- Awarded: 2014
- Award Type: Explorer
- Award #: 315198
Between one-third and one-half of individuals with autism display repetitive, self-injurious behavior, ranging from head banging to self-directed biting and punching. In cases of treatment-resistant self-injurious behavior, electroconvulsive therapy (ECT) can produce life-changing results, with more than 90 percent suppression of self-injurious behavior.
However, individuals with autism may require treatments as frequently as once every five days to sustain improvements obtained during the initial ECT course. ECT is associated with cognitive side effects, and the long-term consequences of frequent ECT over many years, sometimes starting in childhood, are unknown.
Irving Reti, director of the Brain Stimulation Program at Johns Hopkins Hospital in Baltimore, has treated a number of patients with autism who have severe self-injurious behavior using ECT. These patients have typically progressed to a frequent maintenance ECT regimen. One alternative he has considered for suppressing self-injurious behavior without the need for ECT is deep brain stimulation (DBS), which delivers electrical stimulation to a specific region of the brain via an implanted device without triggering a seizure.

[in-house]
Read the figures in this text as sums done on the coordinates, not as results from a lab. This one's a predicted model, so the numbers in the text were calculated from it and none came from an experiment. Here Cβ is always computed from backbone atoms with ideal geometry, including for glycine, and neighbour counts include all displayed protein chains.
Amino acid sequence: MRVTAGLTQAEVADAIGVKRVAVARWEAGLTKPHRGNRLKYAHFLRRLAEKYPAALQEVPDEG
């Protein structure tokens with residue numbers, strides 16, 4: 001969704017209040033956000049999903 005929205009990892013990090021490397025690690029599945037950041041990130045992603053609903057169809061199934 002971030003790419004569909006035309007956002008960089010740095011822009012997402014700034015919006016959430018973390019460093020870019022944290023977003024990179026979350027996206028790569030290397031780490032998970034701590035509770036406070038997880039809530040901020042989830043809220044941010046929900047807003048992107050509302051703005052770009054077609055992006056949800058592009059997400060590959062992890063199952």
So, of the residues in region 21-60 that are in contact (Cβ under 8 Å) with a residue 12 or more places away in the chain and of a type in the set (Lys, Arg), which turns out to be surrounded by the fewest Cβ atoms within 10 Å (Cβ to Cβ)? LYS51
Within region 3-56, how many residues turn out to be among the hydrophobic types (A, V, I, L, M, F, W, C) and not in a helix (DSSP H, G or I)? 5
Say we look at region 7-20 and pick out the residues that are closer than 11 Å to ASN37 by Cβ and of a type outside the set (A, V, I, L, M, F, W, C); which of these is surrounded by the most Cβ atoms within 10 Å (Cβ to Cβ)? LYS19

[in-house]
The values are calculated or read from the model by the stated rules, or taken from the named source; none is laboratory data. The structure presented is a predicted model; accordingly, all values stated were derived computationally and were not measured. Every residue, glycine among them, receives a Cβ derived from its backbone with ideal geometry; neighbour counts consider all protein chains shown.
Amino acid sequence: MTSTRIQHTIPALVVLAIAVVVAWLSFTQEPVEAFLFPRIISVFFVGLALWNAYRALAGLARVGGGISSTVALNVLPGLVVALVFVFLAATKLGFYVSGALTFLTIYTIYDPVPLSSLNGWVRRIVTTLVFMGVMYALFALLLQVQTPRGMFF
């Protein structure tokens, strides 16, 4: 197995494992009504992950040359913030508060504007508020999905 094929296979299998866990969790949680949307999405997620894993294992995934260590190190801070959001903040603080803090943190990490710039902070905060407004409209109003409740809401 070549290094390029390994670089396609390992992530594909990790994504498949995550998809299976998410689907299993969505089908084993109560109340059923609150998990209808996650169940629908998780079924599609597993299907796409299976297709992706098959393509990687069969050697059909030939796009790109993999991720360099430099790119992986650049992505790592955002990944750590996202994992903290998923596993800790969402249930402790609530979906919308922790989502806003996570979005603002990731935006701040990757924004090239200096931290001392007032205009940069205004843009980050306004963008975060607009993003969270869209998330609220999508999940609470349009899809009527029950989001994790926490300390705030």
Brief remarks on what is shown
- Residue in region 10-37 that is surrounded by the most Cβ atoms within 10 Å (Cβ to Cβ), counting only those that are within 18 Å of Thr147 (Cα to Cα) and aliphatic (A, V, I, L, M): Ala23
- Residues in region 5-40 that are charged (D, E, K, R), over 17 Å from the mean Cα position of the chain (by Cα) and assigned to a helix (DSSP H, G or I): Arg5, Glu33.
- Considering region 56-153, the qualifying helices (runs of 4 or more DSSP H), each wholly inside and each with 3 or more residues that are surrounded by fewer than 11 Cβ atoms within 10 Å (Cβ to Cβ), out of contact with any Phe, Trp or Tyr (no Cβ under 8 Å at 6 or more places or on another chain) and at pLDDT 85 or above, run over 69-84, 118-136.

To test the potential of DBS for self-injurious behavior in people with autism, the researchers plan to use mice with a genetic abnormality implicated in autism that also exhibit excessive self-grooming that causes injury. They have targeted a brain region in these mice that is used in DBS patients with treatment-resistant obsessive compulsive disorder. When the researchers administer either ECT or DBS to these mice, they exhibit a marked reduction in excessive self-grooming.
Ongoing studies aim to determine whether DBS suppresses excessive self-grooming when different brain regions are targeted. Because multiple genetic abnormalities contribute to autism, Reti also plans to assess DBS in a second mouse model of autism-related self-injurious behavior. Stimulation sites that work in both mouse models will be the strongest candidates for DBS in people with autism. Reti also hopes to determine the minimum stimulation time needed for DBS to be effective in order to minimize side effects, and to learn whether DBS maintains its effectiveness with repeated use.